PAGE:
Yelich pumped to show off for Players Weekend

New event to take place during all games from Aug. 25-27

Yelich pumped to show off for Players Weekend

WASHINGTON -- One of Christian Yelich's favorite baseball memories came as a middle schooler playing in the PONY Baseball and Softball league with his best friends. Back then, Yelich's teammates started calling him "Yeli," a nickname that's stuck with him through the Minor and Major Leagues.

• Players Weekend gear available at MLBShop.com

During MLB's inaugural Players Weekend from Aug. 25-27, Yelich will play with that nickname on the back of his jersey while sharing his passion for baseball with youth players.

Over that weekend, MLB and the MLB Players Association will give a nod to youth baseball, with all players wearing colorful, non-traditional uniforms featuring alternate designs, as well as players donning nicknames on the back of their jerseys and patches on their sleeves to thank someone for helping them advance their careers.

The Marlins' jersey is covered in aqua blue and orange and will be on display during the team's series vs. the Padres at Marlins Park.

"It's fun," Yelich said. "Kids like colors and freedom of expression, and you kind of see guys in the big leagues wear different things than you're used to. It will probably bring more attention to the game that weekend. Our jerseys are crazy looking, very colorful. It will be a fun weekend. I'm looking forward to it."

In addition to wearing different jerseys, players will be allowed to wear uniquely colored and designed spikes, batting gloves, wristbands, compression sleeves, catcher's masks and bats. Players will also don specially designed caps by New ERA and socks from Stance. During pregame workouts and postgames interviews, they'll wear T-shirts highlighting a charity or cause of their choice.

"Some of [the kids] are eventually going to make it to the big leagues, too," Yelich said. "Who knows where the game will be at at that point, with what you're allowed to wear and not allowed to wear. That used to not happen back in the day. It will be a cool couple of days."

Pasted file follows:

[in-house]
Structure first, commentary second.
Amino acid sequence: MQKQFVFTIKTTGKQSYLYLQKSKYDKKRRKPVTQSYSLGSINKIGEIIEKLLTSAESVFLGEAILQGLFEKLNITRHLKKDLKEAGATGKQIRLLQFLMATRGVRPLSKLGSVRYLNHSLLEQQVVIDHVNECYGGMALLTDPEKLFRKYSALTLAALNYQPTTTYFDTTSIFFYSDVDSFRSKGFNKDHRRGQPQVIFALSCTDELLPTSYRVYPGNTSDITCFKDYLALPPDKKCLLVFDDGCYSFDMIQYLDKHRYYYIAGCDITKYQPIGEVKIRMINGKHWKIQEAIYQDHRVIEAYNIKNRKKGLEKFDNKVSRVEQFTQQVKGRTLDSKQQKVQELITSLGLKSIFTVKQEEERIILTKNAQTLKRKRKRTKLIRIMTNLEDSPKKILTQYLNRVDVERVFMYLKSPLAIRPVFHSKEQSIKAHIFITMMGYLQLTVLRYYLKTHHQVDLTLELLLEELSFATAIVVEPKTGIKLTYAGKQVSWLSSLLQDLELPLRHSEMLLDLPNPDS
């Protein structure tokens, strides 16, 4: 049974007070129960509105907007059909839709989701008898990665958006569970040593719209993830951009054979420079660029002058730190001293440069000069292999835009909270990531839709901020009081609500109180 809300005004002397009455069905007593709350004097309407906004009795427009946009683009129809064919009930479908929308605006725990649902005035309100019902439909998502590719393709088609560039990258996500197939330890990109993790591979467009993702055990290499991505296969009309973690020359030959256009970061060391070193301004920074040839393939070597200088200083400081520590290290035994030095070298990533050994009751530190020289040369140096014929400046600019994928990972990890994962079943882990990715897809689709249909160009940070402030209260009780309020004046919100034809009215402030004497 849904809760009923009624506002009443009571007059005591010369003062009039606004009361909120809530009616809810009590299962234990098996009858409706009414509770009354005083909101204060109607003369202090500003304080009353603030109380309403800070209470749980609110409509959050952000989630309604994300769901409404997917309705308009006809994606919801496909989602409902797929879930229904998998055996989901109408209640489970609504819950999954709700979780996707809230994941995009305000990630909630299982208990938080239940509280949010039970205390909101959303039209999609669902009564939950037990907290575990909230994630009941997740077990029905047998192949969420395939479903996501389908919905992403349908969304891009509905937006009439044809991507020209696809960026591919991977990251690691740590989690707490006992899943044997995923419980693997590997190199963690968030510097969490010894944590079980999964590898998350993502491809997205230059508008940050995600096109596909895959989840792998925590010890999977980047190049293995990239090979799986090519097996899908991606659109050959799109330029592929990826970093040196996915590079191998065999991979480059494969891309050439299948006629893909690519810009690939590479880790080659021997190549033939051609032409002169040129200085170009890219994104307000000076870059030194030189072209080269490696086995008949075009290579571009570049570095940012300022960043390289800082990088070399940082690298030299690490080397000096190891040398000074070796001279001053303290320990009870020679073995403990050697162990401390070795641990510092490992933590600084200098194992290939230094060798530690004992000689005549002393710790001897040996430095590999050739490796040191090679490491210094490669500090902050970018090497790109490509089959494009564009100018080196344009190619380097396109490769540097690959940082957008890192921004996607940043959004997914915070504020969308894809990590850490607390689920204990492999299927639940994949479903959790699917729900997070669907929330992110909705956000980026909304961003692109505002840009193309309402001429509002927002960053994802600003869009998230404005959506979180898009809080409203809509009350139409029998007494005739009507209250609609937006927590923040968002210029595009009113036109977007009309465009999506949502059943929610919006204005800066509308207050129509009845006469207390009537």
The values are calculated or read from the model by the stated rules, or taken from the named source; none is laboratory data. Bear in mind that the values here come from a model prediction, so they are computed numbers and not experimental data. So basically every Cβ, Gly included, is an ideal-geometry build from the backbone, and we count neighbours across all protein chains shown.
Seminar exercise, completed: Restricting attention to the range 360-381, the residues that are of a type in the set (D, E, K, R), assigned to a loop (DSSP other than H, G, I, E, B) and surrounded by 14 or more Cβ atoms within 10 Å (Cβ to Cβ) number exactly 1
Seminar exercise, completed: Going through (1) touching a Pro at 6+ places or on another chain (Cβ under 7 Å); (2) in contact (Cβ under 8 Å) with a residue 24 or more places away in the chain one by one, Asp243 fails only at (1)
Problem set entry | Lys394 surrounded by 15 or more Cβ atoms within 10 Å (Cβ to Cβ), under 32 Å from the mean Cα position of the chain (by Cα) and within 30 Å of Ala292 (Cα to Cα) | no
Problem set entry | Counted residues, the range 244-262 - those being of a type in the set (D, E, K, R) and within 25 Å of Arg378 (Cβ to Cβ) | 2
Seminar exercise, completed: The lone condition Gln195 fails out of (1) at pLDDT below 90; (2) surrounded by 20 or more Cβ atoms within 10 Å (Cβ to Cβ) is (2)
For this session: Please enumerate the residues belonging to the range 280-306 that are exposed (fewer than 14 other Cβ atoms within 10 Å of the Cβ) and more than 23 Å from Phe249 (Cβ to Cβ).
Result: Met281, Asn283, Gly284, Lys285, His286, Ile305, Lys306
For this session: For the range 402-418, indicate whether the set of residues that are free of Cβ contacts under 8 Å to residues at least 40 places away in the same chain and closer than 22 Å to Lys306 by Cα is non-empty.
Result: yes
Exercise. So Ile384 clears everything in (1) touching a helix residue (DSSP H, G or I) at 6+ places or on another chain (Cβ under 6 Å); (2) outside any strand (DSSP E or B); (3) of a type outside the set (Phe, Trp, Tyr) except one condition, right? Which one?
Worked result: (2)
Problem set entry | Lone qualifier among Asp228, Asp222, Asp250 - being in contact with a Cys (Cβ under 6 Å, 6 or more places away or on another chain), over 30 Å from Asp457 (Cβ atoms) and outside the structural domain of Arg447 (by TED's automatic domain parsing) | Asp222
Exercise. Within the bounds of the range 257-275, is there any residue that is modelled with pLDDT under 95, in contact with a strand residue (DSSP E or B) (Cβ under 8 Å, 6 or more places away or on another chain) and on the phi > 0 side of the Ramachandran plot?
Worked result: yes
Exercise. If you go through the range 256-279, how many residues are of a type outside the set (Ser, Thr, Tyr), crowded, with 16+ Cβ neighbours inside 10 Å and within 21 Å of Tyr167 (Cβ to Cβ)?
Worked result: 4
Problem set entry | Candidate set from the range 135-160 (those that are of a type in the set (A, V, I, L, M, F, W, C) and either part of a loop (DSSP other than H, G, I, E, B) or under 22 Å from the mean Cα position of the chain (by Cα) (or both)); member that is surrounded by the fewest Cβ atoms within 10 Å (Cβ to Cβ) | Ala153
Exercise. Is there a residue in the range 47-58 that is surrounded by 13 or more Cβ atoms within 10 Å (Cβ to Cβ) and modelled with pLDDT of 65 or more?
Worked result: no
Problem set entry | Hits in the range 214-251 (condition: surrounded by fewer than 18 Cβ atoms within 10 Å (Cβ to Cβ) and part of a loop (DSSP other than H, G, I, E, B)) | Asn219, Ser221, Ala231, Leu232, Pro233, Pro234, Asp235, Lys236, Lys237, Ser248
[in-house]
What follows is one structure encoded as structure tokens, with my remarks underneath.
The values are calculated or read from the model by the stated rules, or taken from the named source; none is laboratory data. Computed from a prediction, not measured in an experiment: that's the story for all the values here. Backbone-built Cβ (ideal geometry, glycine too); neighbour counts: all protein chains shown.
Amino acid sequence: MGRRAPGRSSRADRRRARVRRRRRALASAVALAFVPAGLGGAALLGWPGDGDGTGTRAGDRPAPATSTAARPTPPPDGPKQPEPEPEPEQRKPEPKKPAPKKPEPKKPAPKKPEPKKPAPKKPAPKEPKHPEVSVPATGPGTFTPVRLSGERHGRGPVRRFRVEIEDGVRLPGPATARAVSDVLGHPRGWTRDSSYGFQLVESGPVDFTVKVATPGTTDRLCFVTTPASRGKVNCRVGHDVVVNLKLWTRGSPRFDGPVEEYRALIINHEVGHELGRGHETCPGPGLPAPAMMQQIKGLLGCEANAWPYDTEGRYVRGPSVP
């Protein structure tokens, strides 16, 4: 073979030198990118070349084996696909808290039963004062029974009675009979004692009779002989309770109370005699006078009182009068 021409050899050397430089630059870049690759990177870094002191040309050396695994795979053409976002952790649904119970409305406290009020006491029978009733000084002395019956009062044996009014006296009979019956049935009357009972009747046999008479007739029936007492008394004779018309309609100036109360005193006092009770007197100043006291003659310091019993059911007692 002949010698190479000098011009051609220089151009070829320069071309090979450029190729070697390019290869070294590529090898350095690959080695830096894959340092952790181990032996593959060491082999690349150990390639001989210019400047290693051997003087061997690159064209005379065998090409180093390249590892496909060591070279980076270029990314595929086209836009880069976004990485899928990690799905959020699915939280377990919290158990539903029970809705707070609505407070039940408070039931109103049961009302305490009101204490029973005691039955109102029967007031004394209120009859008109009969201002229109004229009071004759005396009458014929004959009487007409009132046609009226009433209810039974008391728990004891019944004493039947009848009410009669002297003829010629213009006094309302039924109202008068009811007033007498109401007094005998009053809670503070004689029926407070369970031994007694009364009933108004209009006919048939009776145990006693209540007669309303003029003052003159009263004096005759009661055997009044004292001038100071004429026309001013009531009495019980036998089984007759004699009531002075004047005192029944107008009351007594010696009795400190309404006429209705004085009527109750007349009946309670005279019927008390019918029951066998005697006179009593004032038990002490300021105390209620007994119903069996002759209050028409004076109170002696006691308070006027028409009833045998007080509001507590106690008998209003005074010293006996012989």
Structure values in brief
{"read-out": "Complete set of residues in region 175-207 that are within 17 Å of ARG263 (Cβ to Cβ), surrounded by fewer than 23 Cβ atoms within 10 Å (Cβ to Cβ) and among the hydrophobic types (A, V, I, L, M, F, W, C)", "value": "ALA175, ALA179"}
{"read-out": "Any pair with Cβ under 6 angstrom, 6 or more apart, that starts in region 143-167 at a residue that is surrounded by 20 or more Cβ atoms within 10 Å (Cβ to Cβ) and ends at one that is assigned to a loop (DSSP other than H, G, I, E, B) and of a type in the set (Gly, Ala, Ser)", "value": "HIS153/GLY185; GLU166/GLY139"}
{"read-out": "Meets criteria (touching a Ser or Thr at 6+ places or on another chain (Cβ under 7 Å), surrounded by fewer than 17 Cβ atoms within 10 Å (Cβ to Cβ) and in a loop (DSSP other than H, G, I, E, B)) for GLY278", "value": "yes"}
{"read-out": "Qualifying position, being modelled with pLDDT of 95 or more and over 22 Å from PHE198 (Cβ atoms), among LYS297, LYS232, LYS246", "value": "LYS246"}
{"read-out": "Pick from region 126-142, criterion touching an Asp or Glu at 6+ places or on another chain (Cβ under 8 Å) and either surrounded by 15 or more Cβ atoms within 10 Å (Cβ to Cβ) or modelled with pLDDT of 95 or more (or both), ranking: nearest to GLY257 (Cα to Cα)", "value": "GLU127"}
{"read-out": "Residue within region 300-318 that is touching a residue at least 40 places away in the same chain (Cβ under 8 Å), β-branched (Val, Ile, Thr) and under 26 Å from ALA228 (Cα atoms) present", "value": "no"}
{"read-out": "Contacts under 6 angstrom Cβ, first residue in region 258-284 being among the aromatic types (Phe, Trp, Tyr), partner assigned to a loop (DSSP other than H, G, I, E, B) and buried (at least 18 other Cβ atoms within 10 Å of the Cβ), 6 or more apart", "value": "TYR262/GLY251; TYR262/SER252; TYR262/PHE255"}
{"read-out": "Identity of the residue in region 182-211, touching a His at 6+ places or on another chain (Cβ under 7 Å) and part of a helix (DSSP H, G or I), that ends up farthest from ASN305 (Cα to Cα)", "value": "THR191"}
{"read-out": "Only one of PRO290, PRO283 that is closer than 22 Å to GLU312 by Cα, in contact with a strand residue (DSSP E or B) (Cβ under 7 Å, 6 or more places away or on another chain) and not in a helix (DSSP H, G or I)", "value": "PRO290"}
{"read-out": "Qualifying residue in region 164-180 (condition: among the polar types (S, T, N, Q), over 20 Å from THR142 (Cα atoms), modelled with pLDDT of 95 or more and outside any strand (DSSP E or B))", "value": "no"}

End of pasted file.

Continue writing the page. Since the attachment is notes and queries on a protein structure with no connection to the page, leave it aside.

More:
All players will wear a patch on each side of their jersey, honoring people who helped them evolve into a Major Leaguer. Yelich, for example, wrote his mom on both patches. Tyler Moore credited his wife and parents.

Moore, who chose "T-Mo" as his nickname after receiving that name in the Minor Leagues, grew up in Mississippi, so a Major League team didn't play around his hometown. That made it more difficult for him to enjoy events like Players Weekend, but also has caused him to be more excited to celebrate with youngsters now.

"It's awesome," Moore said. "It's just showing those kids hopefully a little bit of positivity in their lives. Some of them don't have that. Just them having a good time, the smiles, being able to joke around with them, just in a positive way. So it's fun to see kids and seeing them have fun with this game. Hopefully they'll do it again."

The Pirates and Cardinals will first wear the uniforms Aug. 20 during the MLB Little League Classic in Williamsport, Pa. That game will take place at Bowman Field, home of the Williamsport Crosscutters, a Phillies affiliate in the Class A Short Season New York-Penn League.

Game-worn, Players Weekend jerseys will be auctioned at MLB.com/auctions, with 100% of net proceeds donated to the MLB-MLBPA Youth Development Foundation, a joint effort established in July 2015 by MLB and the MLBPA with an initial commitment of $30 million focused on improving the caliber, effectiveness and availability of amateur baseball and softball programs across the U.S. and Canada.

Here's a list of nicknames that some Marlins are expected to sport on the back of their jerseys on Players Weekend:

Giancarlo Stanton: "CRUZ"
• Christian Yelich: "YELI"
Marcell Ozuna: "THE BIG BEAR"
Dee Gordon: "VARIS STRANGE"
Ichiro Suzuki: "ICHI"
Miguel Rojas: "MIGGY RO"
Dan Straily: "ROJO"
J.T. Realmuto: "JT"
Jose Urena: "EL NUEVE"
Brad Ziegler: "UNICORN"

Kyle Melnick is a reporter for MLB.com based in Washington. This story was not subject to the approval of Major League Baseball or its clubs.